Some authors suggest that Thérèse had a strongly neurotic aspect to her personality for most of her life.[31][32][33][34] Harrison, concluded that, "her temperament was not formed for compromise or moderation...a life spent not taming but directing her appetite and her will, a life perhaps shortened by the force of her desire and ambition."[28]


Thérèse's time as a postulant began with her welcome into the Carmel, Monday, 9 April 1888.[45] She felt peace after she received communion that day and later wrote, "At last my desires were realized, and I cannot describe the deep sweet peace which filled my soul. This peace has remained with me during the eight and a half years of my life here, and has never left me even amid the greatest trials".[46]

From her childhood, Thérèse had dreamed of the desert to which God would some day lead her. Now she had entered that desert. Though she was now reunited with Marie and Pauline, from the first day she began her struggle to win and keep her distance from her sisters.


Right at the start Marie de Gonzague, the prioress, had turned the postulant Thérèse over to her eldest sister Marie, who was to teach her to follow the Divine Office. Later she appointed Thérèse assistant to Pauline in the refectory. And when her cousin Marie Guerin also entered, she employed the two together in the sacristy.


Thérèse adhered strictly to the rule which forbade all superfluous talk during work. She saw her sisters together only in the hours of common recreation after meals. At such times she would sit down beside whomever she happened to be near, or beside a nun whom she had observed to be downcast, disregarding the tacit and sometimes expressed sensitivity and even jealousy of her biological sisters.


"We must apologize to the others for our being four under one roof", she was in the habit of remarking. "When I am dead, you must be very careful not to lead a family life with one another...I did not come to Carmel to be with my sisters; on the contrary, I saw clearly that their presence would cost me dear, for I was determined not to give way to nature."


She chose a spiritual director, a Jesuit, Father Pichon. At their first meeting, 28 May 1888, she made a general confession going back over all her past sins. She came away from it profoundly relieved. The priest who had himself suffered from scruples, understood her and reassured her.[47] 


During her time as a postulant, Thérèse had to endure some bullying from other sisters because of her lack of aptitude for handicrafts and manual work. Sister St Vincent de Paul, the finest embroiderer in the community made her feel awkward and even called her 'the big nanny goat'. Thérèse was in fact the tallest in the family, 1.62 metres (approx. 5'3"). Pauline, the shortest, was no more than 1.54m tall (approx.5').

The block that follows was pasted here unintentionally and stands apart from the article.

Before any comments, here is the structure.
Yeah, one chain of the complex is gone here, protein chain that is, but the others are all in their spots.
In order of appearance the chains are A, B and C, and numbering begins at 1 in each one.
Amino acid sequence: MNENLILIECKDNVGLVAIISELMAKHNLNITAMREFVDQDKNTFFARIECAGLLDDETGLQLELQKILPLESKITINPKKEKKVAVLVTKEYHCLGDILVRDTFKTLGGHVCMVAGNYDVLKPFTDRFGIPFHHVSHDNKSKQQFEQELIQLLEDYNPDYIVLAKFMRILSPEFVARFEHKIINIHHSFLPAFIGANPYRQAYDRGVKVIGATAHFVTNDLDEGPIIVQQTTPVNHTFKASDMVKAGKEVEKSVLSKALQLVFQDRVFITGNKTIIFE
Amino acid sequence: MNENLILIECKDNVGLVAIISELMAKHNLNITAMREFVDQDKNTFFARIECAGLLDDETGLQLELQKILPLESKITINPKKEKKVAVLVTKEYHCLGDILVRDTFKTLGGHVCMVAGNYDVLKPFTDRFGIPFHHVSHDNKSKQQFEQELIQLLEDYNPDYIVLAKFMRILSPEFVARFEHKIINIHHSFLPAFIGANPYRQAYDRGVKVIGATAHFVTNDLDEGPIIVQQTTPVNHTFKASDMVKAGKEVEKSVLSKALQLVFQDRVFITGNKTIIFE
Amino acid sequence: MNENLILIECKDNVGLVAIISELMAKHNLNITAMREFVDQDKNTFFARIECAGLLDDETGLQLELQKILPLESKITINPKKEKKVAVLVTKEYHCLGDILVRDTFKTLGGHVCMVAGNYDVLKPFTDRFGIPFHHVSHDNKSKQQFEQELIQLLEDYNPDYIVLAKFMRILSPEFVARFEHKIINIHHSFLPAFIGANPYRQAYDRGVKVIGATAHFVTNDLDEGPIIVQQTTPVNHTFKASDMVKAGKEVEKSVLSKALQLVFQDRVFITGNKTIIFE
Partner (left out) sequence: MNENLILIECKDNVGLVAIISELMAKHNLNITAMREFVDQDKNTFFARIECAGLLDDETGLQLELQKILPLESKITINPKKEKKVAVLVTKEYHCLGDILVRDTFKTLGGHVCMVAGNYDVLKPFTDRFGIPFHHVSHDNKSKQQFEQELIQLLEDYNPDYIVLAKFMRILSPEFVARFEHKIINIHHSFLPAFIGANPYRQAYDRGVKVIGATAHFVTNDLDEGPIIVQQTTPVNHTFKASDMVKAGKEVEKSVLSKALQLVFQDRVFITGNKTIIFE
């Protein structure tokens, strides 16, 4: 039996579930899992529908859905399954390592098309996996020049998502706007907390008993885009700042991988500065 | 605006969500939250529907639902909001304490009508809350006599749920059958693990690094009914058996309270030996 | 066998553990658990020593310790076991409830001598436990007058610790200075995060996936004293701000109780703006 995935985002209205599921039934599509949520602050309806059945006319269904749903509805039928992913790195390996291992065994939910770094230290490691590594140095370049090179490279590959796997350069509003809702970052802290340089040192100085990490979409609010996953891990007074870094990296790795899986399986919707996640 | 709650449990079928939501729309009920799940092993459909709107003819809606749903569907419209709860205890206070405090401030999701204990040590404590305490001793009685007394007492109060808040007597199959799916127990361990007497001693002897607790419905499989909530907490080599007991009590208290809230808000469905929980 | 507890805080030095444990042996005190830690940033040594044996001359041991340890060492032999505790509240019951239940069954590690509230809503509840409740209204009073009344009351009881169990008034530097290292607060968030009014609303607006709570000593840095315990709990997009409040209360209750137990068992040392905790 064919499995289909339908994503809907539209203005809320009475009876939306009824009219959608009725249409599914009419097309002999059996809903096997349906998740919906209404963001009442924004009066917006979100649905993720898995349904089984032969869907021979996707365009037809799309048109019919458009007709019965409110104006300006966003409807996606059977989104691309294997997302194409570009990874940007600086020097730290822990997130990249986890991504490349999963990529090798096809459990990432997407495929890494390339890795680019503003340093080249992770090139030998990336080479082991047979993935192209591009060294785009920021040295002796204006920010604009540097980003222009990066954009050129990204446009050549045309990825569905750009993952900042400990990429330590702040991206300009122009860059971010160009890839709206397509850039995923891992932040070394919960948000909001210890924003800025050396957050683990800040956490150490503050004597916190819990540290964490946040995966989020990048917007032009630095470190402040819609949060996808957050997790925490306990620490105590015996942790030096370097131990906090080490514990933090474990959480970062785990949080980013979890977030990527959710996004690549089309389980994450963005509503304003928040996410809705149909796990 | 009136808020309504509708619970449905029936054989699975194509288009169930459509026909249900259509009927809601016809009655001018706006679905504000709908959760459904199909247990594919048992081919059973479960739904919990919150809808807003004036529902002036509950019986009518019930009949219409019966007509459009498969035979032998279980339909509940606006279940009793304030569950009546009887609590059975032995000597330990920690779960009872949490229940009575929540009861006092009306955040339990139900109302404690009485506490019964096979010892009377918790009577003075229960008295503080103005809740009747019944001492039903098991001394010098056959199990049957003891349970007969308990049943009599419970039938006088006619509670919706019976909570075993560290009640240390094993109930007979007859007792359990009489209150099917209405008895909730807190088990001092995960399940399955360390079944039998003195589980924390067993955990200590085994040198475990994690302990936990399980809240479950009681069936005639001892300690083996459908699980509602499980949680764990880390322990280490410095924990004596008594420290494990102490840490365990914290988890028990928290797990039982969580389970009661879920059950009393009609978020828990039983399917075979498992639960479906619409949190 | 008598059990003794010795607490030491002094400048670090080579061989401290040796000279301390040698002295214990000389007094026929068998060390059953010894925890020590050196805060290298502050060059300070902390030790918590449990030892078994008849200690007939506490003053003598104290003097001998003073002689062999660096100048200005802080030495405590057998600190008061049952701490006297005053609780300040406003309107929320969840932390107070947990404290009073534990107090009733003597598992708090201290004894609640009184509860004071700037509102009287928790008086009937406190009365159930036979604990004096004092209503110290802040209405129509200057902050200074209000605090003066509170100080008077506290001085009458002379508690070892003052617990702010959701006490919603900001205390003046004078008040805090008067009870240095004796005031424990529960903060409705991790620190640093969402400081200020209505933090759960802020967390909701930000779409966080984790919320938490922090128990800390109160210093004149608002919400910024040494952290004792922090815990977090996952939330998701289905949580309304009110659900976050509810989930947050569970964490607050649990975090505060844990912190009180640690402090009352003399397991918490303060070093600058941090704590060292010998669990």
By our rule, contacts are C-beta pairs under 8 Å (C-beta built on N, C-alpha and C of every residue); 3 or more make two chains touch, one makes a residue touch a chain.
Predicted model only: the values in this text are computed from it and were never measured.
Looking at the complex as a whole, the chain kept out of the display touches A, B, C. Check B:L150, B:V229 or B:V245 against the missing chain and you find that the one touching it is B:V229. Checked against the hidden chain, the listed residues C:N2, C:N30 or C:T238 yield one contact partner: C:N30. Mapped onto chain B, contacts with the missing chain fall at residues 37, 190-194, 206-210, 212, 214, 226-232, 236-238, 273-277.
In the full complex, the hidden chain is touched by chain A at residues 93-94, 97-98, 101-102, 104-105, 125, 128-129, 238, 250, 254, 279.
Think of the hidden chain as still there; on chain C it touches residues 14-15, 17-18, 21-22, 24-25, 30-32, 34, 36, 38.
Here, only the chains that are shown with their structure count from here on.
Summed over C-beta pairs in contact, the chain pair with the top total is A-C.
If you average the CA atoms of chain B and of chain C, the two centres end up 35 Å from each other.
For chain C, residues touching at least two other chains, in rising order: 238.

Like all religious she discovered the ups and downs related to differences in temperament, character, problems of sensitivities or infirmities. After nine years she wrote plainly, "the lack of judgment, education, the touchiness of some characters, all these things do not make life very pleasant. I know very well that these moral weaknesses are chronic, that there is no hope of cure". But the greatest suffering came from outside Carmel. On 23 June 1888, Louis Martin disappeared from his home and was found days later, in the post office in Le Havre. The incident marked the onset of her father's decline. He died on July 29, 1894.


The end of Thérèse's time as a postulant arrived on the January 10, 1889, with her taking of the habit. From that time she wore the 'rough homespun and brown scapular, white wimple and veil, leather belt with rosary, woollen 'stockings', rope sandals".[49] 


Her father's health having temporarily stabilized he was able to attend, though twelve days after her ceremony her father suffered a stroke and was taken to a private sanatorium, the Bon Sauveur at Caen, where he remained for three years before returning to Lisieux in 1892.


In this period Thérèse deepened the sense of her vocation; to lead a hidden life, to pray and offer her suffering for priests, to forget herself, to increase discreet acts of charity. She wrote, "I applied myself especially to practice little virtues, not having the facility to perform great ones ... In her letters from this period of her novitiate, Thérèse returned over and over to the theme of littleness, referring to herself as a grain of sand, an image she borrowed from Pauline...'Always littler, lighter, in order to be lifted more easily by the breeze of love'.[50] The remainder of her life would be defined by retreat and subtraction".[51]

She absorbed the work of John of the Cross, spiritual reading uncommon at the time, especially for such a young nun. "Oh! what insights I have gained from the works of our holy father, St. John of the Cross! When I was seventeen and eighteen, I had no other spiritual nourishment..." She felt a kinship with this classic writer of the Carmelite Order (though nothing seems to have drawn her to the writing of Teresa of Avila), and with enthusiasm she read his works, The Ascent of Mount Carmel, the Way of Purification, the Spiritual Canticle, the Living Flame of Love.


Passages from these writings are woven into everything she herself said and wrote.[52] The fear of God, which she found in certain sisters, paralyzed her. "My nature is such that fear makes me recoil, with LOVE not only do I go forward, I fly".[53]